GPT's Annual General Meeting is held each year, typically between April and June. In addition to formal business, the meeting is an opportunity for Securityholders to be briefed on GPT's activities and to ask questions of the Board and management.

    A Notice of Meeting and accompanying Explanatory Memorandum on proposed resolutions is provided to Securityholders well in advance of any meeting of Securityholders. It is also posted on GPT's website and lodged with the Australian Securities Exchange.

    Securityholders who are not able to attend GPT's Annual General Meeting are able to vote by proxy in accordance with the Corporations Act 2001.

    The Auditor attends the Annual General Meeting and is available to answer Securityholder questions about the conduct of the audit and the preparation and content of the Auditor's Report.

    The Annual General Meeting is webcast via GPT's website for those Securityholders who are unable to attend in person. Additionally, the Chairman's address is immediately announced to the Australian Securities Exchange.

  • PRINCIPLE 7: RECOGNISE AND MANAGE RISK

    7.1 Board oversight of risk

    The GPT Board has established the Audit and Risk Management Committee to assist the Board in overseeing and reviewing the effectiveness of GPT’s risk management framework. Further information about the Audit and Risk Management Committee is set out in section 4.1.

    The Audit and Risk Management Committee’s specific responsibilities relating to risk management and assurance include:

    • Overseeing and reviewing the effectiveness of the risk management framework;
    • Reviewing GPT’s Risk Management Policy;
    • Receiving and reviewing reports regarding material business risks and any assurance activity (including internal audit) undertaken in accordance with the risk management framework and through these, monitoring the progress of management action plans;
    • Making recommendations to the Board on any material issues arising from reports to the Audit and Risk Management Committee;
    • Reviewing the adequacy of insurance cover; and
    • Reviewing GPT’s crisis management, business continuity and disaster recovery plans and annual testing of those plans.

    The Chair of the Audit and Risk Management Committee reports the proceedings, deliberations and recommendations of the Committee to the next meeting of the Board following any meeting of the Committee.

    7.2 Reviewing GPT’s risk management framework

    The Audit and Risk Management Committee’s Charter requires members to oversee and review the effectiveness of GPT’s risk management framework and to review the GPT Risk Management Policy. A review has been undertaken for 2015 and the Audit and Risk Management Committee is satisfied that the Group’s risk management framework and related risk management policy effectively support management’s execution of strategy within the Board’s appetite for risk.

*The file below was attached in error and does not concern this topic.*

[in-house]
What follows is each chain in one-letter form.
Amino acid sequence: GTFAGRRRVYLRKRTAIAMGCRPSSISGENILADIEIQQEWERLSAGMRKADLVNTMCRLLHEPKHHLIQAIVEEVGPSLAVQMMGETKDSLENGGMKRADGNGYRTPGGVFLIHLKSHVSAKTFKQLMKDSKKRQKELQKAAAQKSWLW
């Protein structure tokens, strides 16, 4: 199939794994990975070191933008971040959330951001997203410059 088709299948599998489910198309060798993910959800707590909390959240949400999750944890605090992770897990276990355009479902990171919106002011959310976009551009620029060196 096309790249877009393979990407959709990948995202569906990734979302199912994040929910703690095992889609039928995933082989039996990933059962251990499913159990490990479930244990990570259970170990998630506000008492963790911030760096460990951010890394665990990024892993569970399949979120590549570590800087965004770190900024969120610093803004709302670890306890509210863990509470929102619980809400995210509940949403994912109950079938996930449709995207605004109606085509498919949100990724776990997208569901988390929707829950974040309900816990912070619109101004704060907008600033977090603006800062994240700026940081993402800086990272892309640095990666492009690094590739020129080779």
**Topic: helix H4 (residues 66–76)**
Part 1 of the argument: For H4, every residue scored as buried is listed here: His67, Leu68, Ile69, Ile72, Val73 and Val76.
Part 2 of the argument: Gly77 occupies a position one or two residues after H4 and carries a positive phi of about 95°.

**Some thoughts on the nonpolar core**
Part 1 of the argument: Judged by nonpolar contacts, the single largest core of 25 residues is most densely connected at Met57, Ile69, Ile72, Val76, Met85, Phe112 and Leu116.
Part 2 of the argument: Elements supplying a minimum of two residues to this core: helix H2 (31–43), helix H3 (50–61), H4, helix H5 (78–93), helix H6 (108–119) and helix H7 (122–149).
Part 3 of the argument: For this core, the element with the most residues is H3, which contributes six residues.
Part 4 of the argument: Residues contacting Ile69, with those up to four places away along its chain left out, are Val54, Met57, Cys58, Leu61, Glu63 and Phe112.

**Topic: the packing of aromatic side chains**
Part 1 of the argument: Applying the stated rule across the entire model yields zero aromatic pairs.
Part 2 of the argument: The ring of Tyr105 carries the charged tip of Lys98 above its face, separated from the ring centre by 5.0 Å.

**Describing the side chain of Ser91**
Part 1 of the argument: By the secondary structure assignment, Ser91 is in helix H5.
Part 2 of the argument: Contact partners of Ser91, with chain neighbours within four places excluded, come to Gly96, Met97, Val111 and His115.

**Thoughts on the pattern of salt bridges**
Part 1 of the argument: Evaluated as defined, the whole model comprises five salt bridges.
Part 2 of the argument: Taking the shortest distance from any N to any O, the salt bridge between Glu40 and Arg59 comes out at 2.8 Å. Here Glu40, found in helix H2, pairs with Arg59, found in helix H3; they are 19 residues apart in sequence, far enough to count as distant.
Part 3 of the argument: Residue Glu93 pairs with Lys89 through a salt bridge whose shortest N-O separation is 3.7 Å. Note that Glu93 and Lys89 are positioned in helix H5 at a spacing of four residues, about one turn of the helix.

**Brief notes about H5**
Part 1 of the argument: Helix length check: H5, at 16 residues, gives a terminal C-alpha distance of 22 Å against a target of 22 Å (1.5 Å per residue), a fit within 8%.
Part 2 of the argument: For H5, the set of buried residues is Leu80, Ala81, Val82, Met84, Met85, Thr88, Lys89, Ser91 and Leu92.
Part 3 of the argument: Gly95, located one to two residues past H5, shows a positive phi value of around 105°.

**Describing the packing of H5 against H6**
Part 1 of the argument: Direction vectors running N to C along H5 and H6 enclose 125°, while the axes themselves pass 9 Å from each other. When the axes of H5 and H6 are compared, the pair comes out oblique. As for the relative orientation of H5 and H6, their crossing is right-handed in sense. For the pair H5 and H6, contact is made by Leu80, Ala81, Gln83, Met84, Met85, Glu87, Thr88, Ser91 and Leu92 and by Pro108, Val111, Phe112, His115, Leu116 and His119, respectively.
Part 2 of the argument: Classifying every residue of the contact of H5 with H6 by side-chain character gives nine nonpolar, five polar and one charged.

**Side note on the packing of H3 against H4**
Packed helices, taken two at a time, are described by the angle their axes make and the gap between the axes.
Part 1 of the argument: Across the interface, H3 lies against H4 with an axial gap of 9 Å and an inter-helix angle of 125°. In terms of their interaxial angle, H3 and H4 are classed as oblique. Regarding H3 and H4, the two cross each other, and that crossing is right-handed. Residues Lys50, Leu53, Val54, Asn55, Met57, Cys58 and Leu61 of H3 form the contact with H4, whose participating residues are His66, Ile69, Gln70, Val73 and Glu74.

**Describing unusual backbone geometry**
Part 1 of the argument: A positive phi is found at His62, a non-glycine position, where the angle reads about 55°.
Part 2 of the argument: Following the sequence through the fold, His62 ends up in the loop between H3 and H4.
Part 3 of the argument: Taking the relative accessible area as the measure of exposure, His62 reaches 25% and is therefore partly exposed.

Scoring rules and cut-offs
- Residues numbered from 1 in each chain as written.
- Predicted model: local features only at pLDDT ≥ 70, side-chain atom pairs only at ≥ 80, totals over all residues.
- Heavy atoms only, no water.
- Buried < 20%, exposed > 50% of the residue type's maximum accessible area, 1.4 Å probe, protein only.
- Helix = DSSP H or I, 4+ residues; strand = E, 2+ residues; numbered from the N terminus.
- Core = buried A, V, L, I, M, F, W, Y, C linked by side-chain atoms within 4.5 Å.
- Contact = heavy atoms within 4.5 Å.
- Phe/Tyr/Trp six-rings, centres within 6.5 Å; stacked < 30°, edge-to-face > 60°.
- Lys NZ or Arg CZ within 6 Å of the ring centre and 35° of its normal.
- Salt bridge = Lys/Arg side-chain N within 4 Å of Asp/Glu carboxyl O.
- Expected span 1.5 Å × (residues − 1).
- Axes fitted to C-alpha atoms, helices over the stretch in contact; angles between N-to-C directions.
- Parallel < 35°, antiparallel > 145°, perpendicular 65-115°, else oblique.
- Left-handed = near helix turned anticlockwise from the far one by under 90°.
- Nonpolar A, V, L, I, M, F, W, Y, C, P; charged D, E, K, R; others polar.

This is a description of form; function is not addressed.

7.3 Internal Audit

    Internal audit's purpose is to provide the Board and management with independent and objective assurance and advice on the effectiveness of the GPT Group's system of risk management, internal compliance, control and governance. The Internal Auditor reports to the Chief Risk Officer and has direct access to the Audit and Risk Management Committee. The Audit and Risk Management Committee review and approve GPT’s strategic internal audit plan and specific reviews, and reviews the outcomes of all internal audit engagements. Internal Audit has unfettered access to all of GPT’s assets, systems, employees and records to execute its role and activities.

    7.4 Material risk exposure

    The Directors’ Report in the 2015 Annual Financial Report addresses the Group’s key inherent risks (including any material exposure to economic, environmental and social sustainability risks) and the strategies used to manage them.

  • PRINCIPLE 8: REMUNERATE FAIRLY AND RESPONSIBLY

    8.1 Role of the Nomination and Remuneration Committee

    The Board has established a Nomination and Remuneration Committee. Further information about the committee is set out in section 2.2.

    8.2 Remuneration Framework

    GPT's remuneration framework is designed to demonstrate a clear and direct link between GPT’s performance and an individual’s performance and remuneration.

    The Board, with the assistance of the Nomination and Remuneration Committee, aims to create a remuneration system that:

    • Is transparent;
    • Is fair and market competitive;
    • Encourages superior performance by aligning employee rewards with the interests of all stakeholders;
    • Attracts, motivates, retains and rewards talented and skilled directors, executives and employees; and
    • Rewards employees who align their conduct and performance with the core values and culture of GPT.

    Non–Executive Directors receive fees which reflect their skills, responsibility and time commitment in the discharge of their duties. There is no performance link, in that fees are fixed with no short or long term incentive schemes in place. Non–Executive Directors do not receive any retirement benefits.

    GPT’s philosophy and the policies and procedures (including in relation to performance rights granted under GPT’s incentive plans) that are applied to determine the nature and amount of remuneration paid to Directors and employees are set out in the Remuneration section of the Directors’ Report in the 2015 Annual Financial Report (pages 12 to 20).

    GPT’s Personal Dealing Policy restricts employees from entering into arrangements which have the effect of limiting that employee’s risk exposure  in respect of an element of their remuneration that has not vested, or has vested but remains subject to a holding lock.

  • ASX CORPORATE GOVERNANCE RECOMMENDATION RECONCILIATION TO 31¬†DECEMBER 2015

    Requirement/recommendations

    Reference

    Comply

    1

    Lay Solid Foundations for Management and oversight

     

    Yes

    1.1

    A listed entity should disclose: